Galaxy formation and evolution research at the Institute covers normal galaxies, quasars and the inter-galactic medium in the local volume out to the highest redshifts possible using observations over most of the electro-magnetic spectrum. The research is primarily observationally driven and we make use of many international ground- and space-based telescopes.
Members of the Institute are members of a number of major international observational survey projects such as UKIDSS, VISTA surveys (VHS, VIDEO, VIKING), the Sloan Digital Sky Survey (SDSS), the Dark Energy Survey (DES) and also current satellites such as Herschel, Spitzer and the Hubble Space telescope.
Locating “reionization” – finding the epoch ~0.5 billion years, when light from the first stars split interstellar hydrogen atoms into protons and electrons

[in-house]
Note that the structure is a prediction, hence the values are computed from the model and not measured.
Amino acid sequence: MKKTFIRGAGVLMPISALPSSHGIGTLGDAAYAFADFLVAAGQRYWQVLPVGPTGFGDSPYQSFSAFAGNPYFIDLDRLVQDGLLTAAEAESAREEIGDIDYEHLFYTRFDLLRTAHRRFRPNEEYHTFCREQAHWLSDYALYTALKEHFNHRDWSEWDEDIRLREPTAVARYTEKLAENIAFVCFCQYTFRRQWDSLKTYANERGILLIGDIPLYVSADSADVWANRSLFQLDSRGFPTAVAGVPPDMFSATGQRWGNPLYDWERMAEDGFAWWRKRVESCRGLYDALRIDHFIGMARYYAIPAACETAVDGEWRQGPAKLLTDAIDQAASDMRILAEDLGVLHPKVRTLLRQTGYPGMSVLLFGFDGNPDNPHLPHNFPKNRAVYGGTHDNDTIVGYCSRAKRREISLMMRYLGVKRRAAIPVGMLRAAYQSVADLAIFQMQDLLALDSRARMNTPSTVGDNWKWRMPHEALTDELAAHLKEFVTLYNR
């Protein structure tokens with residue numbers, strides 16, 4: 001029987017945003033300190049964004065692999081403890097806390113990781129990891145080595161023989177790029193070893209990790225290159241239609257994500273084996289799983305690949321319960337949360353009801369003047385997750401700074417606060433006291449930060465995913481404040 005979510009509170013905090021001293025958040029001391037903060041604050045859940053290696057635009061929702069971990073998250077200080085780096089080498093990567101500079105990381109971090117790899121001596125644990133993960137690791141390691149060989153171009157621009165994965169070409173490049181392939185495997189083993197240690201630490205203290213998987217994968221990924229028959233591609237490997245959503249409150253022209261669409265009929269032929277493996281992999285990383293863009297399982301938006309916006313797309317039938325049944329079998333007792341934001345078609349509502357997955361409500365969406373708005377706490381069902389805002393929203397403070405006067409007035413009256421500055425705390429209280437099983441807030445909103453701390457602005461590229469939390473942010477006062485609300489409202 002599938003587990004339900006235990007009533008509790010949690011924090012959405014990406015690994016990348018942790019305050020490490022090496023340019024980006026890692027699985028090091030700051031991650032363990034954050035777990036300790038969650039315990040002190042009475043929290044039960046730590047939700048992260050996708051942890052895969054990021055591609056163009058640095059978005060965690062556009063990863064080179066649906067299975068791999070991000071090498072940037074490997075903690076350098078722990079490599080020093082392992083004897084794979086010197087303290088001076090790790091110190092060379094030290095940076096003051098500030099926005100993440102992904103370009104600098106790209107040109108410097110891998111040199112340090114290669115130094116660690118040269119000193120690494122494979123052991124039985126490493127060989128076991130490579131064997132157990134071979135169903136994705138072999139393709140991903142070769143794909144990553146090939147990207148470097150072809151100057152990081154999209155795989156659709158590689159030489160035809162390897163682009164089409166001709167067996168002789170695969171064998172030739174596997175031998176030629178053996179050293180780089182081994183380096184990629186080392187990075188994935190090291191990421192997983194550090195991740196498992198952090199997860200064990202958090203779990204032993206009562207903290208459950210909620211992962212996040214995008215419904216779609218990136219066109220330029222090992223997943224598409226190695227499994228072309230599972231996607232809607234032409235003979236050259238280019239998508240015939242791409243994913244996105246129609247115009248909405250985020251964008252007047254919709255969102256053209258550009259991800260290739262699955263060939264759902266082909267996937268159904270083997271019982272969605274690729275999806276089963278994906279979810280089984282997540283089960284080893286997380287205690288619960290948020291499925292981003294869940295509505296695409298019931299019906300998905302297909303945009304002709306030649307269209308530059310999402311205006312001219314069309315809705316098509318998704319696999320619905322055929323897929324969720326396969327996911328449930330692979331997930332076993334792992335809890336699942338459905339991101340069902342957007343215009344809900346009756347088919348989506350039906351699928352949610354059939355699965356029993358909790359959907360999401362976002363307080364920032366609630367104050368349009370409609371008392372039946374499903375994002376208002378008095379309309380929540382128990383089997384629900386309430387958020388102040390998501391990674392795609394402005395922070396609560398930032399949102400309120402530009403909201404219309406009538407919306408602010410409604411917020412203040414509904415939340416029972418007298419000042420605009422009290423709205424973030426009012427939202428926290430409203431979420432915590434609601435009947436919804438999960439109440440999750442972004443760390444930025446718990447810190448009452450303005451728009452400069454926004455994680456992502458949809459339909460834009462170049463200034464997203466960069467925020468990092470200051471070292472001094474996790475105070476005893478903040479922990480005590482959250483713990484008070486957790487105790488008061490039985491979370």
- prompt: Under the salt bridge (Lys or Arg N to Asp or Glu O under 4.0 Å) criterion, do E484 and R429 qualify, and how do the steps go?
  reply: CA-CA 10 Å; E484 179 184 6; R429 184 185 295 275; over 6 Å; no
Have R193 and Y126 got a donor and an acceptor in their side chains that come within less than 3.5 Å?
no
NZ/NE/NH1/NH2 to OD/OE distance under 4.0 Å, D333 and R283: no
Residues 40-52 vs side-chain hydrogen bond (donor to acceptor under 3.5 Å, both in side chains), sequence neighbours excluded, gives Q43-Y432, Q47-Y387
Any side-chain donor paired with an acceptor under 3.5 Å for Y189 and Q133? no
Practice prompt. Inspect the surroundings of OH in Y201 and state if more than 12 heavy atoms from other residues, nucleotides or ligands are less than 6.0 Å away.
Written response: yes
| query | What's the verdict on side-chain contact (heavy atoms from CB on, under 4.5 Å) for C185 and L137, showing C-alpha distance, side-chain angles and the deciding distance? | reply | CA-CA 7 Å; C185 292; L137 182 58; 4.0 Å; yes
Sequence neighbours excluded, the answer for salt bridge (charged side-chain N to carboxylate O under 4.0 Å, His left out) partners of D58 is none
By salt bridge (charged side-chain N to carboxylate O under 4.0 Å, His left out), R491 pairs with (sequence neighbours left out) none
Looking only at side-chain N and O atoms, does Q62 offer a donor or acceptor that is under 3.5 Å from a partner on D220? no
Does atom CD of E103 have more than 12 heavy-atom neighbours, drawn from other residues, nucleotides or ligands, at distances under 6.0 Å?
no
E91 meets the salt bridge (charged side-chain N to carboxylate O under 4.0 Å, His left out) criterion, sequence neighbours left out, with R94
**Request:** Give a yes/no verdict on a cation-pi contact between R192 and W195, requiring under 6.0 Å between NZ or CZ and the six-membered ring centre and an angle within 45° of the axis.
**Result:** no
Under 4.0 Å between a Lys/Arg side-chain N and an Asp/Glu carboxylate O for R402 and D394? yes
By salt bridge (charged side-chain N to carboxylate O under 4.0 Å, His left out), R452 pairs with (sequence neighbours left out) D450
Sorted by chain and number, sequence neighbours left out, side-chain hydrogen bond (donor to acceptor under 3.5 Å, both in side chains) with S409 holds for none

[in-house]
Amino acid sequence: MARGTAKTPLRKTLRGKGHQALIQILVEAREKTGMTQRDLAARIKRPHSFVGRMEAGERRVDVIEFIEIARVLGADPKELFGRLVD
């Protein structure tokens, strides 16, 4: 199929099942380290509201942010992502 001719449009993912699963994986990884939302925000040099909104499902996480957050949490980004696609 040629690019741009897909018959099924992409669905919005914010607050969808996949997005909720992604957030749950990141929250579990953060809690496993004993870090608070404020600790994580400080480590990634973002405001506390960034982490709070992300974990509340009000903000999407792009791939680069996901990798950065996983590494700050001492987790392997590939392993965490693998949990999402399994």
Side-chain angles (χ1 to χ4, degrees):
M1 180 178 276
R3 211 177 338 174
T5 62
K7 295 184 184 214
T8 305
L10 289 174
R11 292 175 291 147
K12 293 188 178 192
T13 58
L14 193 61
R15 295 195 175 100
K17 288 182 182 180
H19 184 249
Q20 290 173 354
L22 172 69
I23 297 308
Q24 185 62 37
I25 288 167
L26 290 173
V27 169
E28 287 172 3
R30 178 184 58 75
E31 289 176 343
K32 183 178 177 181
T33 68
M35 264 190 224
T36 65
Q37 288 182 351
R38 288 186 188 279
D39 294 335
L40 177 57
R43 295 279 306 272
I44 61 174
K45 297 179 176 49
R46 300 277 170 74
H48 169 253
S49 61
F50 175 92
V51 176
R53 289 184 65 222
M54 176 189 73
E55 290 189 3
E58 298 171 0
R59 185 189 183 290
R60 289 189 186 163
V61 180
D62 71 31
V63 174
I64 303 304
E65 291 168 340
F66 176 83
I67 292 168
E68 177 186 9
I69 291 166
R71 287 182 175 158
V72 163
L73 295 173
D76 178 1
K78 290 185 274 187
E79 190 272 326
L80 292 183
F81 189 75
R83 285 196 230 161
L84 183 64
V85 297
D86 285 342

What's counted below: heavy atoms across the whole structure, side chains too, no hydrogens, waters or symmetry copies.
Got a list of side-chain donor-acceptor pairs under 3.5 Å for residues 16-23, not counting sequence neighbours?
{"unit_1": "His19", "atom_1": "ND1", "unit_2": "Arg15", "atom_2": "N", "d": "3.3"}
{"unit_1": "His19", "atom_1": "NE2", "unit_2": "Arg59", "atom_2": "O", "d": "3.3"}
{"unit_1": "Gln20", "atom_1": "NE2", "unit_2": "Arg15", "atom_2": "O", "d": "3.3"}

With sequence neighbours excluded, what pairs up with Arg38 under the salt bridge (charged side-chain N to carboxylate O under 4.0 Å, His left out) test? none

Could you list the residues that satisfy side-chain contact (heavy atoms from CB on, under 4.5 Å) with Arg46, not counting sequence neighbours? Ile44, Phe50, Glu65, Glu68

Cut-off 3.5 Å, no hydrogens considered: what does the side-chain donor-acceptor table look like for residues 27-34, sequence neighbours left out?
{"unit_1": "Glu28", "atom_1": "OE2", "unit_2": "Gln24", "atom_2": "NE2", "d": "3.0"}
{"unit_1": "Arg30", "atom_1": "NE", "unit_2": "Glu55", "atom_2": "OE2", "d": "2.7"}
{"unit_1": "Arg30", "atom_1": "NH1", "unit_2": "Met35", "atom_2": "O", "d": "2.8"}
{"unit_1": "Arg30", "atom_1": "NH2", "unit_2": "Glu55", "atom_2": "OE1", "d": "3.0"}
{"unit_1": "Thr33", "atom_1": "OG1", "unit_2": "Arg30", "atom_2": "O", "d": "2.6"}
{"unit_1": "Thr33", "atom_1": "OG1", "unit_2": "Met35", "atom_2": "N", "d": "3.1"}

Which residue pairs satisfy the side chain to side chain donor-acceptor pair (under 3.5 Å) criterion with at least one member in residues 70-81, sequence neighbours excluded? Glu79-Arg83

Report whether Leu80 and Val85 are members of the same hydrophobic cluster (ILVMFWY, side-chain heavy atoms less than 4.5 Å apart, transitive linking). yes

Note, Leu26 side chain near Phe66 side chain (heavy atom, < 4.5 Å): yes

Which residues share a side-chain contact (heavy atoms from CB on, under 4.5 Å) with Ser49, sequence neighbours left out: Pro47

Gravitational lensing is used to determine the masses of lensing galaxies and clusters and to study more distant galaxies that can be magnified by a factor of more than 20.
By studying high redshift galaxies, we can learn about the evolution of galaxies throughout the history of the Universe.
The intergalactic medium (IGM) and not galaxies contain most of the baryons (e.g. H, He, C, N, O) in the Universe. We use spectroscopic observations of high redshift backgound quasars to study this material.
Quasars are the most luminous objects in the Universe and powered by accreting supermassive black holes in the centres of galaxies.